And why are you comparing Sonos with "optional subwoofers" to the HomePod? Why not compare a Sonos and HomePod directly?
    Simple reason: Because Apple doesn't yet offer a sub woofer or a larger speaker yet. All the sophisticated room modeling can't change the laws of physics that restricts the low frequencies you can get out of a small speaker. No doubt the high frequencies will be amazing. But without bass you will never get that live sound when playing your favorite song.
    With Airplay2 do Apple need to make a sub themselves or just let others make them as up sell?

  • Reply 18 of 18
    foggyhillfoggyhill Posts: 4,767member
    bill42 said:
    foggyhill said:
    bill42 said:

    robjn said:
    bill42 said:
    With no exaggeration, the Home Pod appears to be the best home speaker money can buy.
    Sadly at this size it will be lacking adequate bass to fill a decent sized room. Sonos and other competing sound systems with optional subwoofers will blow the audio quality of the HomePod out of the water. That being said I think the HomePod will surely be the best smart speaker that listens to and responds to voice commands with support for smart home systems. Perhaps that is what you meant to say.
    Serious bass can be generated from a four inch woofer so long as it moves at the right frequency and generates sufficient pressure.

    Large speakers generate a more pressure since they have a bigger diaphragm surface area and they also tend to have a lower natural frequency.  You get a boomy sounding bass when you are listening to large enclosure resonate but this is not a true reproduction of the source.

    In this case Apple are generating a lot of pressure by means of high displacement. The combination of high displacement and a small back volume can result in high pressure = loud sound.

    There is an old myth that a speaker enclosure needs to be as big as the wavelength it is generating. Since bass frequencies might have a wavelength more than ten meters long - no speaker is big enough. The fact is that the back volume can be small and we don't want to listen to the resonance of the enclosure we want to listen to the resonance of the diaphragm.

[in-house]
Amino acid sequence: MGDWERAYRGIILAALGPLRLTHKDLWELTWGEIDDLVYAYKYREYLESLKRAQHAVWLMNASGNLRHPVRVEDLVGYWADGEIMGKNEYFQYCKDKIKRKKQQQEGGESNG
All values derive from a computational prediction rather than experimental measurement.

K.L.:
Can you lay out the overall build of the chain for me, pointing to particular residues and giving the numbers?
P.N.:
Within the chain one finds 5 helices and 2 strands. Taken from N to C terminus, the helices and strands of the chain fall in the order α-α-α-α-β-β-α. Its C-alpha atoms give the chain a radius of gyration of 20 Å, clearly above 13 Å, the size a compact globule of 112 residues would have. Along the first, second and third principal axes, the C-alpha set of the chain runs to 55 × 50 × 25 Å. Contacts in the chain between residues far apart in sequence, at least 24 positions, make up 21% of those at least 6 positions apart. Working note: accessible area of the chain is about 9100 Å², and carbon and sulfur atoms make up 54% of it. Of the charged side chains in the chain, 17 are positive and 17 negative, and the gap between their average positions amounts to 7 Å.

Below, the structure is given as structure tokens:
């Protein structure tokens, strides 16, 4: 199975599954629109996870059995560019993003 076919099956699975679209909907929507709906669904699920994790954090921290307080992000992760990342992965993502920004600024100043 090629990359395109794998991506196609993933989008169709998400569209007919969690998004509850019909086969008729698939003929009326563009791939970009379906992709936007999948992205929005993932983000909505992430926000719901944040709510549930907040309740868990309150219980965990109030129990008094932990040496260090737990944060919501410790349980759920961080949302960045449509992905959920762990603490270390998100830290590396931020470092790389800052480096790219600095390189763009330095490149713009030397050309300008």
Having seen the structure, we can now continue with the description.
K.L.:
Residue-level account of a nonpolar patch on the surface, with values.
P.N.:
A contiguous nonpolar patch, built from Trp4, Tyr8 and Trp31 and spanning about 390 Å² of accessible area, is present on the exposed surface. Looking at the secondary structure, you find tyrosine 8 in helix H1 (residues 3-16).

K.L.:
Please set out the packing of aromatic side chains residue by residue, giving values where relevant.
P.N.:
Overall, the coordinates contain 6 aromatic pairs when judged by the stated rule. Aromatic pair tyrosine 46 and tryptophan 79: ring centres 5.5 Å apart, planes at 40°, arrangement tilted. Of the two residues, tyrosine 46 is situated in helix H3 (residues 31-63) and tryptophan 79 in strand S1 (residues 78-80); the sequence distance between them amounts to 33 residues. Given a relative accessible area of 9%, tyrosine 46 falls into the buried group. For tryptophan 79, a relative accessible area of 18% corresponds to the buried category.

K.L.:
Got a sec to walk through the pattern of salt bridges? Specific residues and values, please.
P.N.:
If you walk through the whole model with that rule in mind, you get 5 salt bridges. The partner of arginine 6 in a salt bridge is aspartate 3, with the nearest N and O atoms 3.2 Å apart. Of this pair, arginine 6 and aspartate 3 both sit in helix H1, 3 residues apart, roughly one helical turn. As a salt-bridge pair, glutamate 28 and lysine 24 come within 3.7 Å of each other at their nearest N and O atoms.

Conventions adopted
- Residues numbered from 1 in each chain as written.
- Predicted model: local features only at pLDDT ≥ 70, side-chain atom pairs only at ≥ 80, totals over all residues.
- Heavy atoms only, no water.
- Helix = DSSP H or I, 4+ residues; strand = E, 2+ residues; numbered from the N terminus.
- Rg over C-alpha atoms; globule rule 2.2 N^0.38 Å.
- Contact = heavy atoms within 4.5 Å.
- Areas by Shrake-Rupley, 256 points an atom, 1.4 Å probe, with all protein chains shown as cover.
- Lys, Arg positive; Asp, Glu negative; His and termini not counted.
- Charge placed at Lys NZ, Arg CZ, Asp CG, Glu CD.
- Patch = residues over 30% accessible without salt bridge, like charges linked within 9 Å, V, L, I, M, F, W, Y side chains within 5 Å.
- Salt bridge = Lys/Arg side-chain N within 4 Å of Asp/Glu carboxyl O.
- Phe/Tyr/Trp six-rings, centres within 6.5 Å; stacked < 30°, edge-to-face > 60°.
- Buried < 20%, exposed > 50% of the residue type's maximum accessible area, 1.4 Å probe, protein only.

This patent shows that Apple have found a way to tightly control a driver by measuring and adjusting to external factors that effect the radiating impedance.

    It's going to be interesting to see a tear down of the HomePod. There might be more microphones than the six Apple has shown us. I'm curious as to whether each of the tweeters has an integrated microphone in the back or if this technique is applied only to the woofer.

    There is much more to HomePod DSP than this one patent covers. Those six external mics are being used to do a lot of different stuff!
    robin: I am as excited as anybody to hear what Apple has created and I will buy one on preorder the day it goes on sale. You can indeed get some decent bass out of long throw woofers with long enclosures and I have some speakers like this but looking at the "woofer" in the apple speaker it looks like it will be loud as opposed to deep-sounding. I have a pair of tower speakers with multiple 8 inch woofers that reproduce live music pretty well, but even then I need my subwoofer to move enough air to reproduce the bass in hiphop music or the canons in the 1812 orchestra. The HomePod is going to be great for what it is but lets not even slightly entertain the idea that it will sound as good as dedicated high end audio speakers costing 10 times the price. It is being aimed at replacing the average small speaker system and in that realm it will surely succeed.
    Physics of cheapness you mean?
    It is more expensive to produce good bass in a smaller speaker, cause your driver needs to be more responsive and powerful (and more robust), but it is in no way needed.
    Your 8 incher is already small compared to the wave its producing, so why you think that's the "ideal" size anyway?

    Also, it doesn't need to be as good, it only needs to get to 95% of that 10 times more expensive speaker to blow to lid off Home audio.
    Considering those speakers don't really care about room acoustic generally and how poorly placed they are, just simplifying setup and ensuring good sound all around the room for most buyers would provide a much better experience than they're getting now from even more expensive speakers. You know, that "just works" mantra. Well, most stereo systems don't, "just work", in fact they're very very far from that now, which makes the field ripe for disruption.




    Good point. The simple setup and the ability to sound good anywhere you put it is going to be what makes this a winner for Apple. Like the AirPods, people and the press will scoff at the expense compared to inferior competition, but soon enough word of mouth will drown out the naysayers. And we are talking abut audio quality only. With siri and an Apple TV on the same network, who knows what this thing might do? I for one will be an early adopter not even knowing what I will use the HomePod yet. I predict Apple will surprise us all. (Especially when it takes over the house and makes me a slave.)
    In theory it could not just adapt to the room, or type of music but also to the people's position. Coordination with other speakers it could create standing waves and interference patterns so the sound is heard loudly just in one spot you choose and nowhere else.  mapping the room and an ability to project sound at will also has implications for augmented reality thst few seemingly have noticed. 

    With the the phone and pod, the user could not only reproduce something visually but also reproduce a soundscape
    mattinoz